Wealthy investors back low cost robo advice

By Daniel Lanyon on Friday 28 April 2017

Alternative LendingSavings and Investment

Research from Deloitte shows the market for low cost, automated advice and investment could be very, very large.

More than half of high earners would pay for robo-advice compared with just under one-third on incomes of less than £15,000, according to new research from consultants Deloitte.

While the market for lower cost often automated investing via online portfolios, often called robo advice, is still small compared to the broader wealth management sector, it is growing rapidly with many established financial firms joining start-up disruptors.

Adoption of robo advice is the key to its survivals with many firms as yet unprofitable and spending vast sums on marketing. Now, new research suggests, it seems to be most keenly taken-up among higher earners, particularly among millennials with rising with incomes. 

Deloitte’s research shows over half (51 per cent) of people earning £45,000 to £70,000 would use a robo-adviser for investments, compared with just 30 per cent of those on incomes under £15,000.

Gavin Norwood, insurance partner at Deloitte, said: “There is a significant financial advice gap in the market, where consumers have a need for advice but either can't or won't access it. Robo-advisers are low-cost and will increasingly be seen as a good alternative to face-to-face advice, especially where consumers have less complex needs.

“The need for affordable advice is growing as individuals are increasingly being tasked with managing their own pension pots and, in the context of a relatively low state pension, automated advice can play a key role in generating low-cost options to help. Our research suggests that robo-advice shouldn’t be exclusively aimed at those on lower incomes or that have smaller savings.”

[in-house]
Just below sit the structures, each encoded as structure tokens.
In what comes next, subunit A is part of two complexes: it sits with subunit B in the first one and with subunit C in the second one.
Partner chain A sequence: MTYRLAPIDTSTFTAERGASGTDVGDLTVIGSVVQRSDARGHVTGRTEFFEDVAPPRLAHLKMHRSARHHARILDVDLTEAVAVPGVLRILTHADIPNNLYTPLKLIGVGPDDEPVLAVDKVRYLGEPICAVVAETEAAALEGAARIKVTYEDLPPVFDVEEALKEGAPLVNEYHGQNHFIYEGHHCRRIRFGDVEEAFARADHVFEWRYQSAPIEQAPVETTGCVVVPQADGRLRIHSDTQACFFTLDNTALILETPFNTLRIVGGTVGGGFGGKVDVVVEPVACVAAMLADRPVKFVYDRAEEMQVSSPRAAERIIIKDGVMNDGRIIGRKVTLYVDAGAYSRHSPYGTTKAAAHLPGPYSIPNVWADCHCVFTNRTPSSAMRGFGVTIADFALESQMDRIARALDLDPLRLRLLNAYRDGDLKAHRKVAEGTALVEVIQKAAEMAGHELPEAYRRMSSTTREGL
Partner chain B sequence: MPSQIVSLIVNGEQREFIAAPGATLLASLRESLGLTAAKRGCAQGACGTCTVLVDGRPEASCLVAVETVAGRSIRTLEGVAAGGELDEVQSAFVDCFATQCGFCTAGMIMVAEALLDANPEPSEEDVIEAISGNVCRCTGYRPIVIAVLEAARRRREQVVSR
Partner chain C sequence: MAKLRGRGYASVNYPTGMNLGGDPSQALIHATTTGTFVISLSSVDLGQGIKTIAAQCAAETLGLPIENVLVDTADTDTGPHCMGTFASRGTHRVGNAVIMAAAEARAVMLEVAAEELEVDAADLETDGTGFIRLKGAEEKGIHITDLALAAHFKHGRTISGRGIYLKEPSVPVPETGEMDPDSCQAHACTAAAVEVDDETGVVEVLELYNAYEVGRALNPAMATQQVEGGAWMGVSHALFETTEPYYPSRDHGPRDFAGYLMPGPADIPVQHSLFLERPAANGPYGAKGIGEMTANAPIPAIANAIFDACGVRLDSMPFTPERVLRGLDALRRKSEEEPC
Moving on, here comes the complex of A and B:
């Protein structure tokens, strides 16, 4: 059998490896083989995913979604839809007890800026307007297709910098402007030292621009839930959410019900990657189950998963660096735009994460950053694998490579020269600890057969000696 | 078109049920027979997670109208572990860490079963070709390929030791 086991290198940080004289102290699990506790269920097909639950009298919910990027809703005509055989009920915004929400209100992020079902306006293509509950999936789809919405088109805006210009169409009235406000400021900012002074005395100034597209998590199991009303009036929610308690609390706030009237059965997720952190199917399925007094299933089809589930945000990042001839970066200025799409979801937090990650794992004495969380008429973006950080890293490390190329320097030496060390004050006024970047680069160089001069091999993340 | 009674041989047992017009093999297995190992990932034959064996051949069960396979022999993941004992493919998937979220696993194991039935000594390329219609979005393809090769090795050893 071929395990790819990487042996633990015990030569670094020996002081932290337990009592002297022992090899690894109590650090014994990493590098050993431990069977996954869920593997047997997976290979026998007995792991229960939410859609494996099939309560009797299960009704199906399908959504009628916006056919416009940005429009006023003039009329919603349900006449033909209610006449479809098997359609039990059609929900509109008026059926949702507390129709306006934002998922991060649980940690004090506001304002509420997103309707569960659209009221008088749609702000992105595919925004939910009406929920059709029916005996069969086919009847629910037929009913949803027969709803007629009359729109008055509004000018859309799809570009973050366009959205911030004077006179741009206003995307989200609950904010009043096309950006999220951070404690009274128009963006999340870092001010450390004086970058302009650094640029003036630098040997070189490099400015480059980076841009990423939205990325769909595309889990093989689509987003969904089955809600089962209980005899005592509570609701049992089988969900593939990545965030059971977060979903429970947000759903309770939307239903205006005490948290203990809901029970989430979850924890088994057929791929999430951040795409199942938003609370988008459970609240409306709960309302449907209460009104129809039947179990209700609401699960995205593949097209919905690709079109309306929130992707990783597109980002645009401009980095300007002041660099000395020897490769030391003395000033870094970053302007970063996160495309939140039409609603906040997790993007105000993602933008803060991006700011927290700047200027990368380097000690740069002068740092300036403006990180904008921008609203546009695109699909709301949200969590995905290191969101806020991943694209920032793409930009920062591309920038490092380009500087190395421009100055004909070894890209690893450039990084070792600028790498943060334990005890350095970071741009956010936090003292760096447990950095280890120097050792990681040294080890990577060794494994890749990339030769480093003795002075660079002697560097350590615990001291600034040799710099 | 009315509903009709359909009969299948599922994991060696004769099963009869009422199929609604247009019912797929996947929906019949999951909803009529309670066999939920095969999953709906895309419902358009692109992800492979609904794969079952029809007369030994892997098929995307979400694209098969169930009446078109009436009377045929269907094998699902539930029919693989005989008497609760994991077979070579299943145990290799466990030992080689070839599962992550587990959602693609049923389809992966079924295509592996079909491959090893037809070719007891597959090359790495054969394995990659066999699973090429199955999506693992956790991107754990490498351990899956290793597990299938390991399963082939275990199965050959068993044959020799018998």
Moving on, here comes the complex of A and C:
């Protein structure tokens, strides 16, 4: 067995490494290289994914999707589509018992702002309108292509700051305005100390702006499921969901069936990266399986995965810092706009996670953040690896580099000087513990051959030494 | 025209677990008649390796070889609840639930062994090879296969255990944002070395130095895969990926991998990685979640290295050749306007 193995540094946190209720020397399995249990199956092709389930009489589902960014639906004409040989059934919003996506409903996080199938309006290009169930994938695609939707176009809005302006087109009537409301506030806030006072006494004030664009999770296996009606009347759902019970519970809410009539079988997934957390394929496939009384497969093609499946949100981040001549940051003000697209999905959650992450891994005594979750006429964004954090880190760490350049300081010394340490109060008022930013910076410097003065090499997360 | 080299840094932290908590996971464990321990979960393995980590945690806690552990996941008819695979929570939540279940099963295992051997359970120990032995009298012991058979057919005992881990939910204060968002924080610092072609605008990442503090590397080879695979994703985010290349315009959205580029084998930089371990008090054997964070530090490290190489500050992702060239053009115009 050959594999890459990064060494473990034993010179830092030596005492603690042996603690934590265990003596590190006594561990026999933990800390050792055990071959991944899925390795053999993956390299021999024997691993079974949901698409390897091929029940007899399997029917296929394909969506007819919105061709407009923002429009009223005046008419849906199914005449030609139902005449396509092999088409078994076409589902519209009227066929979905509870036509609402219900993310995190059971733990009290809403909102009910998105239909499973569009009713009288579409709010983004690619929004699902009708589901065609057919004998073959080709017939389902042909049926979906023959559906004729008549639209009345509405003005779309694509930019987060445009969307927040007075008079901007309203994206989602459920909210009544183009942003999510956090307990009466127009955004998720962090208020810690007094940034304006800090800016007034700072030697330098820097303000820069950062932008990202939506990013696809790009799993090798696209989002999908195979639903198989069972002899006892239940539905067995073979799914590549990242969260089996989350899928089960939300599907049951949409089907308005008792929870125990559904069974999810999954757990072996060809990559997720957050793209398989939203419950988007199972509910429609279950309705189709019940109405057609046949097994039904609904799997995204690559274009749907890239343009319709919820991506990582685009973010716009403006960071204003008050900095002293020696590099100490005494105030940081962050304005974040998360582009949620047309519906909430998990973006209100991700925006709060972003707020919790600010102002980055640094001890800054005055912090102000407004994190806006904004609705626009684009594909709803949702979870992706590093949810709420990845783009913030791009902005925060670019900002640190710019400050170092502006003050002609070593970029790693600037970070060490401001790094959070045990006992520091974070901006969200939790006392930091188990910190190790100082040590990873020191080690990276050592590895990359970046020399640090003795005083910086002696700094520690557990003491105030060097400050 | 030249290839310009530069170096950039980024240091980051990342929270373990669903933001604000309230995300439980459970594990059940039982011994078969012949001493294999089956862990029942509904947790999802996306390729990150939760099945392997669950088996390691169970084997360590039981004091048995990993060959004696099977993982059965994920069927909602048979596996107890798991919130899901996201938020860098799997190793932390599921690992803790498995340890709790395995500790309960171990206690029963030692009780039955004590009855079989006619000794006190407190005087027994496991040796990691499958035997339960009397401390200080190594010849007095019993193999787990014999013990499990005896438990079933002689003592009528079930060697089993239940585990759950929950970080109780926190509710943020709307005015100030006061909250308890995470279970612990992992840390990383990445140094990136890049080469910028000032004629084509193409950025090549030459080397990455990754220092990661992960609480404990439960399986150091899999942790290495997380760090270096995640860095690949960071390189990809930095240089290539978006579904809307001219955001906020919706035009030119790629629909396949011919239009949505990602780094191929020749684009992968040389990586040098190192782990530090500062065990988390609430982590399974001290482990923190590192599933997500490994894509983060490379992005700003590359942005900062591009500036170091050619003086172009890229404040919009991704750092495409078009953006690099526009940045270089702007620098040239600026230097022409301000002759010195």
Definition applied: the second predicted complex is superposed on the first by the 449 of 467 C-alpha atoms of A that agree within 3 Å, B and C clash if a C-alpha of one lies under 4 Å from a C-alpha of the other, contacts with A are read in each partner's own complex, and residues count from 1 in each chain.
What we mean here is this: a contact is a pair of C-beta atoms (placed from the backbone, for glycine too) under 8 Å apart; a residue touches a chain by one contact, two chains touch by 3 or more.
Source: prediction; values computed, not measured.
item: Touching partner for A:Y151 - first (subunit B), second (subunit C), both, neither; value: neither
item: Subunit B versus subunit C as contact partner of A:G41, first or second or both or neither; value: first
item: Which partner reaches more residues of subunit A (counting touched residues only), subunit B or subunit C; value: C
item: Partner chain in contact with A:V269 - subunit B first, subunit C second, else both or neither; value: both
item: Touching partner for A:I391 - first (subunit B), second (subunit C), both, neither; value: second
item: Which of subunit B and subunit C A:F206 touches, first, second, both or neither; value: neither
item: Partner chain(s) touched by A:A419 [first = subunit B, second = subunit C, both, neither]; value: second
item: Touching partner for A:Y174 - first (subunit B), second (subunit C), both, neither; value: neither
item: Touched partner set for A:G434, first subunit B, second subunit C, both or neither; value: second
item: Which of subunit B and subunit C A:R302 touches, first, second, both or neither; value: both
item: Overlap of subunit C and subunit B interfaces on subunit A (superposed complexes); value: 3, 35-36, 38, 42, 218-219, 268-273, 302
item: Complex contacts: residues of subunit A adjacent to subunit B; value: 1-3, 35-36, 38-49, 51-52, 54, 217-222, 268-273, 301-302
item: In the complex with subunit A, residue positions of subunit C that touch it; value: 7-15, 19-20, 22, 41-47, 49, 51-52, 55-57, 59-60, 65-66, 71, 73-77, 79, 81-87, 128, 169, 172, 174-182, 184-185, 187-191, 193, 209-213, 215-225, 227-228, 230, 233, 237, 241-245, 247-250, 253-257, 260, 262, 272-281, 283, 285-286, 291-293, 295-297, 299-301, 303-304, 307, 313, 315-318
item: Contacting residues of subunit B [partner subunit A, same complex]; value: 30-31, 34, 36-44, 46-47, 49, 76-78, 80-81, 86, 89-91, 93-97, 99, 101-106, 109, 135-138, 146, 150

Deloitte’s research shows a significant potential for robo-advice to take off, with 15 million consumers willing to pay for an automated financial advice solution, confirming that in six key financial advice markets1 over a third of consumers would be willing to pay.

Demand is highest amongst millennials, but the research suggests other age brackets could be interested in using robo-advice. Over two-fifths (43 per ent) of 35-44 year old workers with a pension would use robo-advice on pensions, as would one-quarter (24 per cent) for the 45-54 year olds and a fifth (21 per cent) of those aged 55 and above.

Also, 35 per cent of defined contribution pension holders – more than three million people – would be willing to pay for robo-advice to invest their pension pots, with demand highest (45 per cent) among those with the smallest pensions pots, many of whom cannot afford traditional advice.

Norwood believes the strong demand for robo advice could also lead to a broader range of financial services being offered by disruptive firms.

 “To-date robo-advice has focussed on investments, but its potential extends far beyond and the future looks bright as affordable and convenient automated advice users embrace its potential. In five to 10 years, we will probably not use the term ‘robo-advice’ as digital becomes the recognised channel.”

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